Preserving health after organ transplants

Since the end of the 2008 season, Halas Hall has seen its share of new team members roaming the hallways from offensive lineman Frank Omi and free safety Josh Bullocks to returning player, Kevin Jones. I am looking forward to when we’ll all be back on the field to begin our training for the upcoming football season and hopefully Super Bowl XLIV.

It was during training last May that I found out that my little girl, Tiana, suffered from cardiomyopathy, a congenital heart defect that would require a heart transplant. Our family was devastated, fearing Tiana wouldn’t survive until her first birthday.

But, Tiana is a member of a unique club and is one of the nearly 100,000 patients in the United States and 4,600 in Illinois on the waiting list for an organ transplant who was fortunate enough to receive a transplant. The number of organs available for transplantation is scarce, and every day 17 people die waiting for an organ. When a person like Tiana receives the gift of a vital organ, every effort must be made to preserve that gift.

As a leading transplantation surgeon and expert on post-transplant care, Dr. Benedetti’s viewpoint on the need for physicians to be in control of their patients care management plan needs to be considered by all parties. Transplant patients are a unique and vulnerable population and have multiple medical conditions and medications. Only a patient’s physicians and transplantation team are the most qualified to make decisions about what treatments fit a patient’s condition and lifestyle.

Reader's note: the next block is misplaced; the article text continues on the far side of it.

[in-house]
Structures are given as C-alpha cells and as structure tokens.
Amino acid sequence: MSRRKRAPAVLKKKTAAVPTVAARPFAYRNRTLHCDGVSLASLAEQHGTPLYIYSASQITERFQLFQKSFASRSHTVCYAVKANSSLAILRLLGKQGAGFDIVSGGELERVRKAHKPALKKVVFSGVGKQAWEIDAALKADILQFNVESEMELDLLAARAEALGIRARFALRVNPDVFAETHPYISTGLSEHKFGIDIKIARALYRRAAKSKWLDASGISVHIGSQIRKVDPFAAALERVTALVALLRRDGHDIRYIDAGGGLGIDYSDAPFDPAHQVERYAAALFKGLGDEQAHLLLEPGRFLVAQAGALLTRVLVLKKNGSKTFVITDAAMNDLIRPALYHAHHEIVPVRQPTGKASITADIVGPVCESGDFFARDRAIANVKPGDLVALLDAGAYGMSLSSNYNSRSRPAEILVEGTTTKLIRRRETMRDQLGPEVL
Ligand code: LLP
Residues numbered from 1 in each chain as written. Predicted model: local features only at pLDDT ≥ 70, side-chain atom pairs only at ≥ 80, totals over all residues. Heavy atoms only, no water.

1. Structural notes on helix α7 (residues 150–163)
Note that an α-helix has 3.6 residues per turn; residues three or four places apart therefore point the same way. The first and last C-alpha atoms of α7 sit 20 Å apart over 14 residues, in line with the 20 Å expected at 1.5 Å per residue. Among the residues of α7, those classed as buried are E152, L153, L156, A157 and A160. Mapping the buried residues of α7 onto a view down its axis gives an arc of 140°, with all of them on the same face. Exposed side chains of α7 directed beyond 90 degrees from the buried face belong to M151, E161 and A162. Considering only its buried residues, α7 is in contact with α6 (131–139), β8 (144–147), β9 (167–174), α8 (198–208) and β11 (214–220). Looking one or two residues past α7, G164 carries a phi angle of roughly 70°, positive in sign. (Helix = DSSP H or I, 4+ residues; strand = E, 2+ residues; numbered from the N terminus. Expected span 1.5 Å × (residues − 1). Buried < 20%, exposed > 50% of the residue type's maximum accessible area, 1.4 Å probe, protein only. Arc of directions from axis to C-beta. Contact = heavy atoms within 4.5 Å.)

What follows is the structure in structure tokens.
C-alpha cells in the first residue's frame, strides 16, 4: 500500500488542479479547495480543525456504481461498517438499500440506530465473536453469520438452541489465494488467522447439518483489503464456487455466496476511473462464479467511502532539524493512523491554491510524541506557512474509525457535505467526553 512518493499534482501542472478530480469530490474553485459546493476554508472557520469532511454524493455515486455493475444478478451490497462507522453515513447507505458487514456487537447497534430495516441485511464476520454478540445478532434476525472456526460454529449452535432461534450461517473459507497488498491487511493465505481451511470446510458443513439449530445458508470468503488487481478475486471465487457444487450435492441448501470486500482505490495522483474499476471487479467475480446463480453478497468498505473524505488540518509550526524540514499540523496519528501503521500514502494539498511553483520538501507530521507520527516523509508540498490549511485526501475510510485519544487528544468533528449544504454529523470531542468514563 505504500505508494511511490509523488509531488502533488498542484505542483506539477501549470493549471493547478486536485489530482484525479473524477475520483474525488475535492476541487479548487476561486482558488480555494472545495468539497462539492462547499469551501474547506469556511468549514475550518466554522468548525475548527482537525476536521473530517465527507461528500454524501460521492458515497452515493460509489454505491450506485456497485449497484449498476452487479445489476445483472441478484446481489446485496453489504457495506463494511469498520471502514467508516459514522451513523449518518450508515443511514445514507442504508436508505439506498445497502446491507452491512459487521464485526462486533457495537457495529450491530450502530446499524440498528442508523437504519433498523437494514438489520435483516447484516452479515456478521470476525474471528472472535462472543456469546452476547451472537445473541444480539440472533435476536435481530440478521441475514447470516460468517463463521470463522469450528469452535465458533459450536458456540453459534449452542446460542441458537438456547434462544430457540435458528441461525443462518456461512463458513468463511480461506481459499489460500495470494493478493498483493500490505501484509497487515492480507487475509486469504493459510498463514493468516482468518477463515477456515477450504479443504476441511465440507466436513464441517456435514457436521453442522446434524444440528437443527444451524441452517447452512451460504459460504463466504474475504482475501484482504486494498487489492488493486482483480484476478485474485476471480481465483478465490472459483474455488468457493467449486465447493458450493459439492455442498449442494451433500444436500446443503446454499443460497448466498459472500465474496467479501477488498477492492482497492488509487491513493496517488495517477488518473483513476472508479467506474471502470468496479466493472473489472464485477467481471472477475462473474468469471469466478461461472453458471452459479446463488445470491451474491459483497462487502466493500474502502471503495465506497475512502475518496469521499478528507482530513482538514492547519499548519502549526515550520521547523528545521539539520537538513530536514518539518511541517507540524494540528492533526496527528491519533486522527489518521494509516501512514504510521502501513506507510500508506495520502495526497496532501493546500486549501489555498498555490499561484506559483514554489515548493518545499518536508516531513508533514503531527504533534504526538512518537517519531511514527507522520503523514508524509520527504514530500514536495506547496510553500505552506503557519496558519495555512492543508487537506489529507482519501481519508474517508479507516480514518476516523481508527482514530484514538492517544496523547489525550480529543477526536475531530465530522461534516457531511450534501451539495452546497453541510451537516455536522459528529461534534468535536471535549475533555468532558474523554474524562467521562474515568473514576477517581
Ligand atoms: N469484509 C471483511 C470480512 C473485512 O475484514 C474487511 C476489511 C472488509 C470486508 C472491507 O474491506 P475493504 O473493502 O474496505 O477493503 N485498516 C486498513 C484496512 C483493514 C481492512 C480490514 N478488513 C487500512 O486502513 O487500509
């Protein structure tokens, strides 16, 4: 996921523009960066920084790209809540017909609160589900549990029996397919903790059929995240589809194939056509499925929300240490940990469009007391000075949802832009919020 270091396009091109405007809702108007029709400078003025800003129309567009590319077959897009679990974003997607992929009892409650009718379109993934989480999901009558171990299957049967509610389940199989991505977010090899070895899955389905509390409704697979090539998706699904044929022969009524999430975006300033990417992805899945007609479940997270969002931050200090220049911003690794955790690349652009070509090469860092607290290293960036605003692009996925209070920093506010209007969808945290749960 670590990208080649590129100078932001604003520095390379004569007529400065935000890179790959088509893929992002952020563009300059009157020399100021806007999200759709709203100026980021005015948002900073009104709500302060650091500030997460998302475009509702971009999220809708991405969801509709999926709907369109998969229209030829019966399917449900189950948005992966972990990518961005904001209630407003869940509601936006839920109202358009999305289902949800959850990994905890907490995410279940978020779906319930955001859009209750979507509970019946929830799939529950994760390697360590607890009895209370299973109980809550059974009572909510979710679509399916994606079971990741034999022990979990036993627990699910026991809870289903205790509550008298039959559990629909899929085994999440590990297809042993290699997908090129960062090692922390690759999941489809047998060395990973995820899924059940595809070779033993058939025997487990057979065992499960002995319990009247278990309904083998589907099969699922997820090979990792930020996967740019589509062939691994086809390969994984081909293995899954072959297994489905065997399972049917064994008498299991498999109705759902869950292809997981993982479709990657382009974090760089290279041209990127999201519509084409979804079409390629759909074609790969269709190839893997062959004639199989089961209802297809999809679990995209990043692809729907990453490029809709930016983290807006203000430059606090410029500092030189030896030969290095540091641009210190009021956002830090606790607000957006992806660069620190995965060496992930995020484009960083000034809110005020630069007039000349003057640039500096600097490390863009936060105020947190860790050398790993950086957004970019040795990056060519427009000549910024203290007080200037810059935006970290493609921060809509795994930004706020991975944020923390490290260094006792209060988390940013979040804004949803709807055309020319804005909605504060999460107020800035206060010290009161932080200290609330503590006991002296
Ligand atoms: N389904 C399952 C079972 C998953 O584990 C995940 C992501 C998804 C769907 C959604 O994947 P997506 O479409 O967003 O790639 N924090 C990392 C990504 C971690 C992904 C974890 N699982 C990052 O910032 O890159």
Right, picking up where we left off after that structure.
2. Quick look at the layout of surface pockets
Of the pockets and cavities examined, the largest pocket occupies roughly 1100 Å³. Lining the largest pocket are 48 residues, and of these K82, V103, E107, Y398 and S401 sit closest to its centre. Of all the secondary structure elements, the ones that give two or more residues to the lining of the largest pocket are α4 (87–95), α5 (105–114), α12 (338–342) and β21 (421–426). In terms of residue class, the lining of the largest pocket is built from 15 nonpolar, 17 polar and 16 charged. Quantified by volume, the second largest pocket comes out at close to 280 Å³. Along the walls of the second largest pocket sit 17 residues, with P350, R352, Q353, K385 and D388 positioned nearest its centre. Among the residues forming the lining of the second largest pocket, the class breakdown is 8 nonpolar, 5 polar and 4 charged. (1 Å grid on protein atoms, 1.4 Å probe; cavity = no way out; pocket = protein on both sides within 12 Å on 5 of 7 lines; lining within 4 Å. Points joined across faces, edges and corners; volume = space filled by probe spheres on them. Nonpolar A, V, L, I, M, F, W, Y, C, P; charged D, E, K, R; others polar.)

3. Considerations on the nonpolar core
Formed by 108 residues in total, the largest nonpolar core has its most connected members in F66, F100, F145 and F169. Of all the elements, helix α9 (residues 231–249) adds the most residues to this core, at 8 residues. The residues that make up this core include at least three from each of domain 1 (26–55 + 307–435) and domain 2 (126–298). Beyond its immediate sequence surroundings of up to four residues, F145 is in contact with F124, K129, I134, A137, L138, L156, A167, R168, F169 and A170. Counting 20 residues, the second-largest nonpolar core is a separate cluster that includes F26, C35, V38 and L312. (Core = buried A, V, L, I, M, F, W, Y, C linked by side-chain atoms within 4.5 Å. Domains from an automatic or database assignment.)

Post-transplantation care is dedicated to maintaining the health of the organ to prevent rejection and to the lifelong management of the overall health and survival of the patient. Organ rejection occurs when the transplant recipient’s immune system attacks the transplanted organ. It remains a threat throughout the life of the recipient and constantly needs to be managed with immunosuppressant care.

As critical dose drugs, immunosuppressive therapies have a narrow therapeutic margin for safety and efficacy. Small changes in dosage can lead to significant consequences for patients, including death. When a physician finds the treatment that works the best for his or her patient, not only have you given the patient the gift of life with an organ transplant, but you’ve also given them the tools they need to live a healthy and vibrant life.

New legislative action in the form of the Organ Transplant Quality Assurance Act (HB 0152) will make it feasible for patients to stay on the therapy regimen their physicians have developed. This Act, sponsored by Representative Susana Mendoza, (D-1st District) prohibits insurance companies from limiting, reducing or denying coverage of immunosuppressive drugs to transplant patients. It ensures that treatment decisions affecting transplant patients are made by the physician and patient care team.

Thanks to friends, family and, most importantly, Tiana’s care team, we were able to celebrate Tiana’s first birthday in February and reflect on what was both a difficult and joyous year.

Dr. Benedetti, Representative Mendoza and I strongly support this Act and encourage others to recognize the critical nature of transplant patients and the need for this legislation. Support of this bill will help transplant physicians continue to provide their patients with the vital treatment they need to live long and fruitful lives.

Charles "Peanut" Tillm
Chicago Bears player
Father of Tiana Tillman


Enrico Benedetti, MD
Warren H. Cole Chair in Surgery
University of Illinois at Chicago